[itvt], or InteractiveTV Today, is a leading news source on the rapidly emerging industry of multiplatform and interactive television (ITV). Yesterday, [itvt] announced the winners of its 14th annual Awards for Leadership in Interactive and Multiplatform Television. The winners included four organizations and five individuals that are helping to push the industry forward.

Adobe Primetime was honored to win the award for “Most Significant Impact.” This award goes to the organization that has had the most significant impact on the industry as a whole over the past year. Adobe Primetime also won this award last year, which exemplifies our ongoing commitment to helping media companies monetize TV content more effectively through advancements in revenue technology across both digital and linear platforms.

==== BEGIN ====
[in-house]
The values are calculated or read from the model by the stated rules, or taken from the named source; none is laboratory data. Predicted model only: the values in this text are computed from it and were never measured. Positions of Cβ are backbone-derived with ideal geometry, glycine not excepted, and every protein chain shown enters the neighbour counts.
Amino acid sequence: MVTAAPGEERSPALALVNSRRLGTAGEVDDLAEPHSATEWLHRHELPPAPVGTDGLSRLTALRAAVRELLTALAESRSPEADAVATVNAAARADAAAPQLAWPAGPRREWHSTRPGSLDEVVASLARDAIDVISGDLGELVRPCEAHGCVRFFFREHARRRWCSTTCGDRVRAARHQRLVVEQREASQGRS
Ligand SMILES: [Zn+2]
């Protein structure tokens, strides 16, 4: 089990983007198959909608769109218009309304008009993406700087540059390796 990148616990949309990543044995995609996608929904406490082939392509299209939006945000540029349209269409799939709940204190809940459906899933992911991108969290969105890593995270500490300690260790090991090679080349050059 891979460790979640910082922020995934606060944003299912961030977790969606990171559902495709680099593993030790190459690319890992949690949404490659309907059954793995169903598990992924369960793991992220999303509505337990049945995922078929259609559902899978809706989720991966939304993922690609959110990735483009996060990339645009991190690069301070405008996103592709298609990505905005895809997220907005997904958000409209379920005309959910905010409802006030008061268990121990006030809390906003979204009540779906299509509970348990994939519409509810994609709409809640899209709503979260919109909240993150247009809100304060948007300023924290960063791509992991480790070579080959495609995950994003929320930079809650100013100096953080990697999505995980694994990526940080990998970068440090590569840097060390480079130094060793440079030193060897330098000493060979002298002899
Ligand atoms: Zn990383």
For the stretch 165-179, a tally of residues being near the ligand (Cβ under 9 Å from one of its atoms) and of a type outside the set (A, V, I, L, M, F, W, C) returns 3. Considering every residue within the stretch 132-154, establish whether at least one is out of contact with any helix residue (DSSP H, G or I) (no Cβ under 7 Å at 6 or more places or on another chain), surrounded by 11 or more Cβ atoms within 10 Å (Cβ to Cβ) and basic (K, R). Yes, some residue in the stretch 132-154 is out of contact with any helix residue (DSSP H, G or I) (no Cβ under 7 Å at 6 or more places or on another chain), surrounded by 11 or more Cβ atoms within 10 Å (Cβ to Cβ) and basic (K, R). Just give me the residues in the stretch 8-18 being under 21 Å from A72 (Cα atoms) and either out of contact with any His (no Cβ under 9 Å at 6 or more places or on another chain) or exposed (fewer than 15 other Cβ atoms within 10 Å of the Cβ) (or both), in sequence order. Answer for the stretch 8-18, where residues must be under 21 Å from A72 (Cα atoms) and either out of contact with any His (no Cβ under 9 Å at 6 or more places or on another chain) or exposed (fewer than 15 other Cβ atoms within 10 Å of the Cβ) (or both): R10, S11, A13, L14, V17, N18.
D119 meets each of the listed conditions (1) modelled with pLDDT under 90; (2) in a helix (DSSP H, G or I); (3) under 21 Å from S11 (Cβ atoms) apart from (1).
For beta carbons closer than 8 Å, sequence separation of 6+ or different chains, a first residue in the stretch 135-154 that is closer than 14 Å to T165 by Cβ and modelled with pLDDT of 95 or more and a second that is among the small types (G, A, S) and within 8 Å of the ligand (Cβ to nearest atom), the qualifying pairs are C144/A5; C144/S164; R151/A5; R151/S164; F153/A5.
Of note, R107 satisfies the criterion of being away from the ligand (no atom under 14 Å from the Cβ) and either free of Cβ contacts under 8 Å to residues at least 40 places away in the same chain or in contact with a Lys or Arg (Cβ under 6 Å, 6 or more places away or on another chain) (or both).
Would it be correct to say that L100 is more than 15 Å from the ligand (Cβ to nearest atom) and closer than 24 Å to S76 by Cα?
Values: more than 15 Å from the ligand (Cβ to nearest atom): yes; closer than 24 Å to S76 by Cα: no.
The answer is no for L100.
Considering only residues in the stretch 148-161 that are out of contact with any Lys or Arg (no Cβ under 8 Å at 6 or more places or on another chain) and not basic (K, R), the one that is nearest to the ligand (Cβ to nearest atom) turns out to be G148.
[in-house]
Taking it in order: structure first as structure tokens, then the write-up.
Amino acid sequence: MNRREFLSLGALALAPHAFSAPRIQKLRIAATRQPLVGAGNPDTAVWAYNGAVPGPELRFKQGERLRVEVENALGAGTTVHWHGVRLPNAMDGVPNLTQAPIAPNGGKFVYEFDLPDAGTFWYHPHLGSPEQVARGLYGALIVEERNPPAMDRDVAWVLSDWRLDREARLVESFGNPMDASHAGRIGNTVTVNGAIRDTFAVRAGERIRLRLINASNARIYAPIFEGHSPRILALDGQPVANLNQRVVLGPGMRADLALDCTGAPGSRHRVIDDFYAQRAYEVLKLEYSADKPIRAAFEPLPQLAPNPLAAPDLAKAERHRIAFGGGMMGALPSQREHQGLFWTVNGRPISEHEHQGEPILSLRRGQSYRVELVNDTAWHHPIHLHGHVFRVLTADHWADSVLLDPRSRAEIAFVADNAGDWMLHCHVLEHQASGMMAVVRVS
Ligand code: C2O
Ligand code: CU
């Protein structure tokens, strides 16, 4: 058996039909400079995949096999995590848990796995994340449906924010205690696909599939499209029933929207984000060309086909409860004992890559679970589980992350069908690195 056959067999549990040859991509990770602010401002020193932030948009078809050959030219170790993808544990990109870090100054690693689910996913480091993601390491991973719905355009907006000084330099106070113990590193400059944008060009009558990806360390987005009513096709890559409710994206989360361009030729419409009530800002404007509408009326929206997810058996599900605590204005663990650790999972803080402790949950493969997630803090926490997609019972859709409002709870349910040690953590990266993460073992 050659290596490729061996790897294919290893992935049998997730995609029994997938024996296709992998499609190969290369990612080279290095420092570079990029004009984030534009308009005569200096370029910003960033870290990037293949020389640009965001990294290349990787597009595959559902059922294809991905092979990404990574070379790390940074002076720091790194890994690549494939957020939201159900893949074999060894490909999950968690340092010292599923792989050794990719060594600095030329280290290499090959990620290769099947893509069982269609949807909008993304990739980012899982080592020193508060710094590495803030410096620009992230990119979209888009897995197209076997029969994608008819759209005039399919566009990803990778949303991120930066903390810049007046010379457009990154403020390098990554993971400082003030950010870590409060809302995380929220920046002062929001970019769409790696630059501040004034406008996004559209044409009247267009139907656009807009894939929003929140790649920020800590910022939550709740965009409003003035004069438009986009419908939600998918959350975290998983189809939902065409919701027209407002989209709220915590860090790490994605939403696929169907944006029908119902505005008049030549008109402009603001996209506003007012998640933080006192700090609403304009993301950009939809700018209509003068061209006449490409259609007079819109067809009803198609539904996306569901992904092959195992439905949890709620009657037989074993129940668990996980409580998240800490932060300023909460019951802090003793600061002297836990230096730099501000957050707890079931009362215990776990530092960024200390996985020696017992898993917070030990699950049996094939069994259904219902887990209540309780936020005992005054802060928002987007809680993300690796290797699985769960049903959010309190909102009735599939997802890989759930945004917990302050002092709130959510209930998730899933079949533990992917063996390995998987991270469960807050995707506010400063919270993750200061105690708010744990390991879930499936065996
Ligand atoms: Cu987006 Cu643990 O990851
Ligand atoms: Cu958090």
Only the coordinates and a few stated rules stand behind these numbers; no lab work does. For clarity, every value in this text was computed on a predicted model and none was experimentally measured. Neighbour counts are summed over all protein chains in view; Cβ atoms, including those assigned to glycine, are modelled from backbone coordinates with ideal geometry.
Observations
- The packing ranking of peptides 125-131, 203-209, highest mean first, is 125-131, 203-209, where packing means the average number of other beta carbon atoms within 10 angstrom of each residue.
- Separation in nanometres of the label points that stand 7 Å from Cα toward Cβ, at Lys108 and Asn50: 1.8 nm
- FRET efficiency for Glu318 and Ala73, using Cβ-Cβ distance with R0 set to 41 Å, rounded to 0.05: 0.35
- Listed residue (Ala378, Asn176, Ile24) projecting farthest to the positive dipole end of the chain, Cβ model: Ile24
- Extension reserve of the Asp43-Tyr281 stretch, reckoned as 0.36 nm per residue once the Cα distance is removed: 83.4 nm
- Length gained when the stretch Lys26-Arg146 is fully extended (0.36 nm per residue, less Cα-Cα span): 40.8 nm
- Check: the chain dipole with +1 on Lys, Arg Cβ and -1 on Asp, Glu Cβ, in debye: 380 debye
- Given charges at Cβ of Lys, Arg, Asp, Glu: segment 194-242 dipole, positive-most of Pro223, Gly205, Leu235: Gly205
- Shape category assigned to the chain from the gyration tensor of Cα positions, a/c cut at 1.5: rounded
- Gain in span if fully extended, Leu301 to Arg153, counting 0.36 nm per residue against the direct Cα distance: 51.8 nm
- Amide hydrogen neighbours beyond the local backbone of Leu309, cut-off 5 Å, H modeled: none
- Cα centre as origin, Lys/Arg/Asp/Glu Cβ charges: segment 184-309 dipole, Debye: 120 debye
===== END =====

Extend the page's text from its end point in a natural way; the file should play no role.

Members of the Adobe Primetime team will be joining a celebration of the winners at The TV of Tomorrow Show. We hope to see you there!

White Paper Download: Multiscreen TV Ratings & Measurement

The TV industry has been talking about the challenges of counting all TV viewing for years, whether it happens on digital devices or via traditional linear. Today, major advancements in measurement have allowed TV providers to address this measurement challenge and pave the way to generating more ad revenue from multiscreen, streaming TV.

In a new white paper called “Digital Measurement for Streaming TV,” we have summarized two popular approaches to TV ratings and measurement for content delivered over IP. The paper covers how you can use video technology and digital measurement systems to: